Patriots owner Robert Kraft pleads not guilty to solicitation of prostitution


New England Patriots owner Robert Kraft has pleaded not guilty to soliciting prostitution, just days after Jupiter police identified him as one of two dozen men caught on camera engaging in sex acts at an illicit massage parlor.

Kraft, 77, a billionaire who lives in Massachusetts and has a home in Palm Beach, is requesting a non-jury trial to address two misdemeanor counts, according to recently released court documents. The paperwork was filed Tuesday by Kraft’s attorney, Jack Goldberger.

Kraft is among the men charged in a crackdown on massage parlor prostitution and an investigation into human trafficking at 10 spas from Jupiter to Martin County to Orlando. The spas were shut down and several people, mostly women originally from China, were charged with running the operation.

While two dozen men were charged in the Jupiter case, hundreds more are being charged in connection with the other spas.

Jupiter police said Kraft paid for sexual acts at the Orchids of Asia massage parlor, the night before and morning of the Jan. 20 AFC Championship game. He then flew to Kansas City, where he saw his team beat the Chiefs.

In a statement last week, a spokesperson for Kraft said they “categorically deny that Mr. Kraft engaged in any illegal activity.” Goldberger couldn’t be immediately reached Thursday despite a request for comment left at his office.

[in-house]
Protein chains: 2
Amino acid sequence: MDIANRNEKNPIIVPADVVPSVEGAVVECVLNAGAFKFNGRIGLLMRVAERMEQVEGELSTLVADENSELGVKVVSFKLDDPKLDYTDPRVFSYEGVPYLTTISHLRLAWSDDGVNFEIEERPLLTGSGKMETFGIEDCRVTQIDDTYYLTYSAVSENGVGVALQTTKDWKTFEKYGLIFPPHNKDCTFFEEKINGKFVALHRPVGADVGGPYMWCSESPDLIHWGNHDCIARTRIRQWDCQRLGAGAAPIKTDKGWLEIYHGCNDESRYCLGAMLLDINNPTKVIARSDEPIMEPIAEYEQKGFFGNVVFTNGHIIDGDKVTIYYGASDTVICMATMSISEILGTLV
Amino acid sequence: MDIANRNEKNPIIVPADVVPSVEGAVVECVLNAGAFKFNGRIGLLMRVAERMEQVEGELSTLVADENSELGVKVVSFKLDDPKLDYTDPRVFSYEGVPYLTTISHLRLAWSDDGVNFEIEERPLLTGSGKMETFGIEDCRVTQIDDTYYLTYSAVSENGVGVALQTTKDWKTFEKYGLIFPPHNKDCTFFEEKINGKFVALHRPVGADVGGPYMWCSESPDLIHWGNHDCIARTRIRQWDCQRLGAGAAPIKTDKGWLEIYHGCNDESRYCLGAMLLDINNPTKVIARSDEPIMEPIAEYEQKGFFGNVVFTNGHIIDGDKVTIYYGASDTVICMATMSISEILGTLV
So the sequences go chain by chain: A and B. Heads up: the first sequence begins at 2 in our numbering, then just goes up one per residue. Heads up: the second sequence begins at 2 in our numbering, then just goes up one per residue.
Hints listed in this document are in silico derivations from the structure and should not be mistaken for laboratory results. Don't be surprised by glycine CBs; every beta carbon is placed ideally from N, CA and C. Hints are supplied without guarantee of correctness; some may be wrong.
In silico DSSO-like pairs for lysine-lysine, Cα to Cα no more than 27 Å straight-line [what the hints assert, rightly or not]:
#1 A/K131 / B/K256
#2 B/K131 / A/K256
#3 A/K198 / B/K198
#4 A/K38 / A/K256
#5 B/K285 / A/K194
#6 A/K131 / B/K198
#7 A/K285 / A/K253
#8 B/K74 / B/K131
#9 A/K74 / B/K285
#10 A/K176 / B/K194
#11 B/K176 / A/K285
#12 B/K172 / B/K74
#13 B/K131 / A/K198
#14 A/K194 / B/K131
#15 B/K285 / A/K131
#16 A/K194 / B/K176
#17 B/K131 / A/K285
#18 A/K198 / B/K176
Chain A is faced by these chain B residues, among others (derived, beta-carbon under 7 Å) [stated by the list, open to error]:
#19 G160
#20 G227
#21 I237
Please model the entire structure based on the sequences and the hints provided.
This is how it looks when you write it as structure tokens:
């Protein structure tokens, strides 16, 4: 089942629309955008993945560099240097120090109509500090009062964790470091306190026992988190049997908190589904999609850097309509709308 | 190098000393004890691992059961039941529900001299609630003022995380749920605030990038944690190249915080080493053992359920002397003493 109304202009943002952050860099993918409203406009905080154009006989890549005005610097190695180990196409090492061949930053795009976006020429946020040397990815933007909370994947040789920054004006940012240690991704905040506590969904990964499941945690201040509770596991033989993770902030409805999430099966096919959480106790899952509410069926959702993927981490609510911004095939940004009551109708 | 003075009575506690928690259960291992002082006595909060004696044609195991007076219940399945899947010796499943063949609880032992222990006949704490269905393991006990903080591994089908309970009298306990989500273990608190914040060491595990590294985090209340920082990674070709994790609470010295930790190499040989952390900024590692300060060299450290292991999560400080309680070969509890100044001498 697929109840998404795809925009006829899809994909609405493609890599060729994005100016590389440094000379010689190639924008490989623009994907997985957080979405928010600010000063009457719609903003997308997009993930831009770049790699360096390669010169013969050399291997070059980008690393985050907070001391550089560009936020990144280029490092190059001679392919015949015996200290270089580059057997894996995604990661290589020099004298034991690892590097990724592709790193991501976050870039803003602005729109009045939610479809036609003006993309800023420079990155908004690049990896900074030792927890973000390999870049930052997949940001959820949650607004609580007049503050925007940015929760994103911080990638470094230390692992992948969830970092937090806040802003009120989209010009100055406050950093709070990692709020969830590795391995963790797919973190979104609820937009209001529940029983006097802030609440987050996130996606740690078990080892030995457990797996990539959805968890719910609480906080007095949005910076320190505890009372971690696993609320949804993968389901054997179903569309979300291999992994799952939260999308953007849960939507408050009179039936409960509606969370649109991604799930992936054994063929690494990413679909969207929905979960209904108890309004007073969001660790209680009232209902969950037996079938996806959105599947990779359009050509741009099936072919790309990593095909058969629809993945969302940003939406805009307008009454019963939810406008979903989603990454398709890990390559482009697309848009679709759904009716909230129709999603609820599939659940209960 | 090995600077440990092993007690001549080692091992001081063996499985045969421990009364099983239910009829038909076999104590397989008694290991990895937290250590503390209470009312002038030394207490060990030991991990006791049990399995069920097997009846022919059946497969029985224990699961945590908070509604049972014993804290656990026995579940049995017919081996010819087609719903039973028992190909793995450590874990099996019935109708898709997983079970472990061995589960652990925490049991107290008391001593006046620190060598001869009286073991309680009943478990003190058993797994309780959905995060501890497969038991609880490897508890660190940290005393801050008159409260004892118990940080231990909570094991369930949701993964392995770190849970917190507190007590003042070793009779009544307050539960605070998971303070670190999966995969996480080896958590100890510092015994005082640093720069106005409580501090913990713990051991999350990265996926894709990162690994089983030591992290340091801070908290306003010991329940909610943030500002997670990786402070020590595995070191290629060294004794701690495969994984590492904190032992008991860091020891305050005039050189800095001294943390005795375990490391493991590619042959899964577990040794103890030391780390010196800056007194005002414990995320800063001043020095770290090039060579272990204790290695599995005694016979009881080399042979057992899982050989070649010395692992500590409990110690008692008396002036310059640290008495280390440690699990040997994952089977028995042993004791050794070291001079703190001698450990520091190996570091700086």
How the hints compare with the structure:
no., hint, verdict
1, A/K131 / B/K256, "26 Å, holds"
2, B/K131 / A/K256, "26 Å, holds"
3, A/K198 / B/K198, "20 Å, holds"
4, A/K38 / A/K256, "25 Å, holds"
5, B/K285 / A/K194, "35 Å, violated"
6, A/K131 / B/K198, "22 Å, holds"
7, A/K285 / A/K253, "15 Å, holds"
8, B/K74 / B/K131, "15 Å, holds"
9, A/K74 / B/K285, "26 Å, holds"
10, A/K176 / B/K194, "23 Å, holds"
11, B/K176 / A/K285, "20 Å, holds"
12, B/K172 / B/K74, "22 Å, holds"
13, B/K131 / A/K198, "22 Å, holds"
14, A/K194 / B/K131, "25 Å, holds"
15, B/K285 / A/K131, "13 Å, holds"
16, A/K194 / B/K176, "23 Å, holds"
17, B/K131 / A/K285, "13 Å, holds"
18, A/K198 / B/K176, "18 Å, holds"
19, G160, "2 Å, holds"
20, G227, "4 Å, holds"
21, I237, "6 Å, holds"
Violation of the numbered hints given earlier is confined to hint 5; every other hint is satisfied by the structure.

Caught on camera

At a news conference last Friday, Jupiter police handed out the list of the names of the men accused, adding that Kraft and the others all were caught on video engaging in illicit acts.

“The videos that we obtained, it shows the acts that took place on every gentleman you have a list of, the acts that took place is recorded on that video,” Jupiter Police Detective Andrew Sharp told reporters at the time. Police confirmed the footage was captured, in part, after they planted cameras inside the business for their investigation.

But any footage linked to the cases may not become publicly available anytime soon, officials said.

Jupiter police plan to leave it up to the Palm Beach County prosecutor’s office to decide if and when the videos are made public, Jupiter Town Clerk Sally Boylan told the South Florida Sun Sentinel in an email Wednesday.

Heading to court

Typically, such videos become public after defendants’ lawyers have requested such evidence from prosecutors in preparation for trial, legal experts say.

But prosecutors don’t yet have the videos, said Michael Edmondson, a spokesman for the Palm Beach County prosecutor’s office. In such cases, it’s up to each individual police agency to decide “what they actually do” with the footage before a case heads to trial, he said.

Lawyers for some of the defendants are opposed to the videos’ release, filing court motions last week to try to block their release.

Richard Kibbey, a Stuart-based lawyer representing some of the defendants, wants to halt any footage of the defendants from being publicly released in both Palm Beach and Martin counties. That request is pending.

He called it a “personal victory” that Jupiter police don’t plan to make videos public.

Information from The Associated Press was used to supplement this report., 954-572-2008 or Twitter @LisaHuriash


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